For two mornings each March the last few years, USC freshman defensive tackle Armond Armstead scrambled around the halls of Pleasant Grove High School in Northern California, searching for any sign of basketball.
He'd check the projector in the gymnasium or duck into an office trying to find the latest scores.
Armstead has a bad case of March Madness, and like many Trojan players, he'd love to see the same kind of thing happen at the end of the collegiate football season.
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"It's the best time of the year. In high school, we'd have it on in the gym all day. We'd sneak into the coaches' offices to check on the scores," he said. "March was the most exciting time of the year for me. It's teams going out with everything to prove.
"A playoff would be just like college basketball, but man, it'd be football. It'd just be ridiculous."
As the college football season enters its home stretch, playoff discussions become inevitable. This year, President-Elect Barack Obama has stated on multiple platforms that he'd like to see the college football season end with a playoff.
USC head coach Pete Carroll, an Obama supporter, said Tuesday that he's enjoyed watching Obama talk about a playoff system in college football.
"For him to latch onto that, I think, is a sign that he's in touch with stuff. He's in touch with the people," Carroll said. "I think that if you took a vote across the country, there's no way that vote would come out 'let's vote for the BCS.' They're going to vote for a playoff system.
"(He's) a person that seems to have obviously recognized, speaking for the people of this country, (and) has just picked another issue that's topical, kind of interesting, fun and all of that."
Obama's support has made Armstead more optimistic a playoff will occur at some time, but because of sponsorships and television contracts, he said he didn't think one would happen during his career.
"I thought it was tight how he said he wanted to have a playoff in college football," Armstead said. "If our leader wants it, I don't see why we shouldn't have one."
Assuming there was an eight-team playoff using the current BCS standings for seeding, USC would be facing Florida in the first round. Then, if the Trojans won, they'd play the winner of Alabama-Penn State, then facing Texas, Oklahoma, Texas Tech or Utah in the finals.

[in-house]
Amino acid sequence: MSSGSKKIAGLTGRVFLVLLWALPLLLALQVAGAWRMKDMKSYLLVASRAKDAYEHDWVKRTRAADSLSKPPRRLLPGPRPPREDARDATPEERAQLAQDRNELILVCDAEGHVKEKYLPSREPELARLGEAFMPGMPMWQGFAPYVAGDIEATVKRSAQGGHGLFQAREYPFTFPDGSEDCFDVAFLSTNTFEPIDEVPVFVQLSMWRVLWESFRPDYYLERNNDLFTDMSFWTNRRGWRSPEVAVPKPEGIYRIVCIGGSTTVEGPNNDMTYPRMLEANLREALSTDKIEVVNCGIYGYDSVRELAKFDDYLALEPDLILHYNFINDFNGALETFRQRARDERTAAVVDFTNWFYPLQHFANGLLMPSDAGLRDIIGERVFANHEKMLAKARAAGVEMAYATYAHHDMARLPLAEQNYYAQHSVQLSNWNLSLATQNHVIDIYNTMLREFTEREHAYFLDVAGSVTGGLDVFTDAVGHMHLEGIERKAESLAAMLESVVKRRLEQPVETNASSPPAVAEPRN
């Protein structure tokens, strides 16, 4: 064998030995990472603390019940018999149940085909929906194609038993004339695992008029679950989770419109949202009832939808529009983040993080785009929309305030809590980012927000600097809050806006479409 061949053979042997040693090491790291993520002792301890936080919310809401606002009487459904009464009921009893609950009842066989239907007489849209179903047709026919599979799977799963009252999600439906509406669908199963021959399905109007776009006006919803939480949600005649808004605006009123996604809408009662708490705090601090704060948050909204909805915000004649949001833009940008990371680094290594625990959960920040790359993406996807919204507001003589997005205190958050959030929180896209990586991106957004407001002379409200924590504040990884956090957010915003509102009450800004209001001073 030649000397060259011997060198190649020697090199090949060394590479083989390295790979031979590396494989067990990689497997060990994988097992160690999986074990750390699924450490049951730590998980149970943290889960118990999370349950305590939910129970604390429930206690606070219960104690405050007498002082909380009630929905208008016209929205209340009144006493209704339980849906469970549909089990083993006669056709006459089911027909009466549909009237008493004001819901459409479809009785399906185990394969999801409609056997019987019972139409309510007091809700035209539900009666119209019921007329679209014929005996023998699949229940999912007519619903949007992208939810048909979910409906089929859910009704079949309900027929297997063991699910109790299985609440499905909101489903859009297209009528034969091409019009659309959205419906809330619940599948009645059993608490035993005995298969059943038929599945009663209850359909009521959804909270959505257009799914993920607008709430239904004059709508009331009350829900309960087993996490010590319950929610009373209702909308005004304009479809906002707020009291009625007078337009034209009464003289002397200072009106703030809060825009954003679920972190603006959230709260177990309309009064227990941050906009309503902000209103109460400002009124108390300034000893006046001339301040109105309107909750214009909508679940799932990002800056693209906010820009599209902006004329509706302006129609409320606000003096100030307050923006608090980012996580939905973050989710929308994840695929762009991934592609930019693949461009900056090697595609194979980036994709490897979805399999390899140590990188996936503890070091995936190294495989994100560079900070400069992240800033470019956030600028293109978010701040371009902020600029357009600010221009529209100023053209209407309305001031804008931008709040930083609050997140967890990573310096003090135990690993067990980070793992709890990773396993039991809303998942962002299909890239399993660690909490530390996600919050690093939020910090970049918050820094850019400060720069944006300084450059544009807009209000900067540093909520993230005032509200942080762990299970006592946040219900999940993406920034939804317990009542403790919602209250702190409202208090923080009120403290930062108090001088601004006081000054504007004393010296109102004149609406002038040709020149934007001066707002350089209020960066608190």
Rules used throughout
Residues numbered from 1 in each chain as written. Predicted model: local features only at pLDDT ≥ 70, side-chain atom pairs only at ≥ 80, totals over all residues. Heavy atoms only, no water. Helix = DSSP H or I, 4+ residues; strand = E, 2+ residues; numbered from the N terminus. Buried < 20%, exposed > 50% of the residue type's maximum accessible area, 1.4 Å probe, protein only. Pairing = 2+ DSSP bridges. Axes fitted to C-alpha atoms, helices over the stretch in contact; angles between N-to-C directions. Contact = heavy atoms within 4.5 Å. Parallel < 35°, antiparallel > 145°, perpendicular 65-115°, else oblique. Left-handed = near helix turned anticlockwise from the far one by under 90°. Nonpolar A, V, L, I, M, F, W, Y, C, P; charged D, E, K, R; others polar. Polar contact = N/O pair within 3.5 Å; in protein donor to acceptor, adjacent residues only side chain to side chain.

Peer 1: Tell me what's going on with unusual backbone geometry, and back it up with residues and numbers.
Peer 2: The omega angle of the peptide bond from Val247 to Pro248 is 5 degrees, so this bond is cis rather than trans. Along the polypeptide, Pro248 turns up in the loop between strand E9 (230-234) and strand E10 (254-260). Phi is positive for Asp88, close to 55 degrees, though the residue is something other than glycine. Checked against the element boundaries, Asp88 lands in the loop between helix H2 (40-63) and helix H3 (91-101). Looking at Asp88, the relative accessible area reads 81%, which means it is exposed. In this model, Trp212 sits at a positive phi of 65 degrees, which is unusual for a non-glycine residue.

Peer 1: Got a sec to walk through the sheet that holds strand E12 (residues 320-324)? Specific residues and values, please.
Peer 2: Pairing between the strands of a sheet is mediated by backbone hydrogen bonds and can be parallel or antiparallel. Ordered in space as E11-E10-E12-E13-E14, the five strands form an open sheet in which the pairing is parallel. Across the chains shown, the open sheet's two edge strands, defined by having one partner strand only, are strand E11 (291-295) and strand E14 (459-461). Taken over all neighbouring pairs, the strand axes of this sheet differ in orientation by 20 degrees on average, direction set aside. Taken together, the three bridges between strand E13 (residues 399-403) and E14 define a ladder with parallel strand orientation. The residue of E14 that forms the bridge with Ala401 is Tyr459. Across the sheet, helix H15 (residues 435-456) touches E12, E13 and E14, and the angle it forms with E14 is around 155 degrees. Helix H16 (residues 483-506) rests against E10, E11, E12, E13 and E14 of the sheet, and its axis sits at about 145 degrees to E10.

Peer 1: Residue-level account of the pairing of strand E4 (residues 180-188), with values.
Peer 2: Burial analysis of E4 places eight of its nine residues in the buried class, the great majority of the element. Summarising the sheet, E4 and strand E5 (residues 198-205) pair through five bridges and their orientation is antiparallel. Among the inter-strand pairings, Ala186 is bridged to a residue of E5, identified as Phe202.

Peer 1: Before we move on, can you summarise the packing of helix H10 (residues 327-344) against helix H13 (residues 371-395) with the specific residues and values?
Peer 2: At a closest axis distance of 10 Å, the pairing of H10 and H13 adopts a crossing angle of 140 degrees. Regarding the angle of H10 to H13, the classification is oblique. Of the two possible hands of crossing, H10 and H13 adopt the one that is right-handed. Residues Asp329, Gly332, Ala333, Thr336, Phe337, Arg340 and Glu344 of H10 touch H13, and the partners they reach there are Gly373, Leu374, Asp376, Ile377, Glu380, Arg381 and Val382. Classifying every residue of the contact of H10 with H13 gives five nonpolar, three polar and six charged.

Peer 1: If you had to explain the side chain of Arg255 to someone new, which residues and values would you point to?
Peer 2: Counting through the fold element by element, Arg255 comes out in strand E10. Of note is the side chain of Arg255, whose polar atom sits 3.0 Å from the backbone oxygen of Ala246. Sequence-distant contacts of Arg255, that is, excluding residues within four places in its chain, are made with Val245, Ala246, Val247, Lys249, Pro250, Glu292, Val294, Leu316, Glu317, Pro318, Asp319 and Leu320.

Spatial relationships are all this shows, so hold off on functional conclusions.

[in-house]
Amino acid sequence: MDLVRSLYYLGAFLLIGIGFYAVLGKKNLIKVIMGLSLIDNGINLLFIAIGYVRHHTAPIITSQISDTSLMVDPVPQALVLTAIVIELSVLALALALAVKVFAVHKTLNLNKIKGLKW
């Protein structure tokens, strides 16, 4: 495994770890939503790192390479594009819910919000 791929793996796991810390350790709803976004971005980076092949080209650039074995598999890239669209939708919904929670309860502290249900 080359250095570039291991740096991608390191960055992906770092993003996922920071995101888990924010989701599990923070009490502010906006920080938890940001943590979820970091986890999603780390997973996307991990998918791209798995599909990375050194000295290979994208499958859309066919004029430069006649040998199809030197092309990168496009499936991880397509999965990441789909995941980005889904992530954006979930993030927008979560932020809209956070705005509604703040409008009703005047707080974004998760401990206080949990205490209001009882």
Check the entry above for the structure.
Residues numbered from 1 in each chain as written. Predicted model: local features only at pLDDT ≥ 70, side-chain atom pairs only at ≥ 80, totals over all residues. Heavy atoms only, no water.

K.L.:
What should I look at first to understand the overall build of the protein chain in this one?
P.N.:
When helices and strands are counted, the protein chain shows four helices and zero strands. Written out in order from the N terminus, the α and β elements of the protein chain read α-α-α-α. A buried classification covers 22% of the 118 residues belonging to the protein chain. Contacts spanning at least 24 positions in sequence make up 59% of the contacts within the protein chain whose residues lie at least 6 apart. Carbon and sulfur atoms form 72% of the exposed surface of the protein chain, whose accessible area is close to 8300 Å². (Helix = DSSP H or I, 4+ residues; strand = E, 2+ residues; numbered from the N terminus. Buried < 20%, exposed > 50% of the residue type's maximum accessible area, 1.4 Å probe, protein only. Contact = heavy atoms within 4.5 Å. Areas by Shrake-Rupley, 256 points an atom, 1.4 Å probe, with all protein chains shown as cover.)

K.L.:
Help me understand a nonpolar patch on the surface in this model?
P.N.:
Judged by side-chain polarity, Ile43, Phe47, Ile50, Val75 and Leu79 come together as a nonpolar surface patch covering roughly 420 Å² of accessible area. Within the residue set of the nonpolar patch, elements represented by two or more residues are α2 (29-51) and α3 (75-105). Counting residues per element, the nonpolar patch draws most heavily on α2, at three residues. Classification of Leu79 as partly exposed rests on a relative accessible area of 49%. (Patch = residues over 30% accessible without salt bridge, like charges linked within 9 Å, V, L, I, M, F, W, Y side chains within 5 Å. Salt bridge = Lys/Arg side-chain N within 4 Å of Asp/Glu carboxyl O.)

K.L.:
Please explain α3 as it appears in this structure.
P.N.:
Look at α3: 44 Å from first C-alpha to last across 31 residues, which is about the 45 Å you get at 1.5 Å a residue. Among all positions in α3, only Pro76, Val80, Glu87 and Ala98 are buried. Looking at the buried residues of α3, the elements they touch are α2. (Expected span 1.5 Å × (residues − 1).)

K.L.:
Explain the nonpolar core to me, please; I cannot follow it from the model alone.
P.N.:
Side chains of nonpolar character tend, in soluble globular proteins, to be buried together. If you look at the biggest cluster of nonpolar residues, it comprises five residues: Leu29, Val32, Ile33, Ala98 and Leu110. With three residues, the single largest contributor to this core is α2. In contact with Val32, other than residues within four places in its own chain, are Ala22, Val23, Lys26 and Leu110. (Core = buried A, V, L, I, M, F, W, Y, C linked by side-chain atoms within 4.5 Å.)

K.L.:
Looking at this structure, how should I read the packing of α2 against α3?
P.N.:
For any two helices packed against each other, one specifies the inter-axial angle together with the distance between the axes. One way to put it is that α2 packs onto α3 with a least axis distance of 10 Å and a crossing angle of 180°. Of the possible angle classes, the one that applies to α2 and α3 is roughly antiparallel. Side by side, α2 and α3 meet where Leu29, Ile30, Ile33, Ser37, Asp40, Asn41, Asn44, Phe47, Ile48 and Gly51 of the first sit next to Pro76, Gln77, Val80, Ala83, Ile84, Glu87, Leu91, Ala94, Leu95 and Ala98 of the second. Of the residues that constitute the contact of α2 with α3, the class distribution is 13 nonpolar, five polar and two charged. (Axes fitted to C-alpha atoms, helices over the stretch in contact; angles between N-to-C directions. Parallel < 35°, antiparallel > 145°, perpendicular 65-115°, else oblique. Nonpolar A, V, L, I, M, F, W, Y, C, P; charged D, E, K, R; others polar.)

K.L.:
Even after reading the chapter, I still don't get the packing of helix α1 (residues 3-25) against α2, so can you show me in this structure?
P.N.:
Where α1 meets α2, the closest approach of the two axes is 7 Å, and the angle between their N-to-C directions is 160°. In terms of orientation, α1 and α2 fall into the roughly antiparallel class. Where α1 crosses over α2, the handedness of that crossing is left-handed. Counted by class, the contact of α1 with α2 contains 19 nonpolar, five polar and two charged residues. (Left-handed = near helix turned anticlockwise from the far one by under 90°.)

But, could USC even win? Carroll thinks so. Just like in the NCAA basketball tournament, Carroll said leadership and tough defending would be the keys to sustaining a title run.
"You'd have to have good quarterbacking, and you'd have to play very steady on defense," Carroll said. "It'd be very similar."
Sports Illustrated senior writer Austin Murphy said he thought defensive superiority would be crucial for any team forced to win three-straight games against such high caliber opponents.
Murphy also thought the first-round match up between USC and Florida would be the best game in the given scenario.
"It's really a question of depth and defense, which points to Troy," Murphy said. "Florida's offense is better than its defense, and this format would favor teams with stronger defenses."
Whoever the Trojans faced, it'd be a hellacious three-game stretch.
"It'd be a lot of great teams all playing great football," cornerback Cary Harris said. "They all have different kinds of offenses, different spreads that like to attack the secondary. It would be a different kind of preparation than we're used to.
"It would be good games, and the fans would really love that. It would really be tough, but you'd find out who the true champion really is."
For Harris, a senior, a playoff is just one of those pretty hypotheticals, something he'll never need to worry about in his collegiate career.
"It's tough to decide who should be at the top with a lot of one-loss teams," Harris said. "I guess strength of schedule and stuff like that has to decide it for now until there's a playoff.
"It doesn't really matter to me. We should just win our games. We shouldn't have lost to Oregon State. Then, there wouldn't be anything to say. "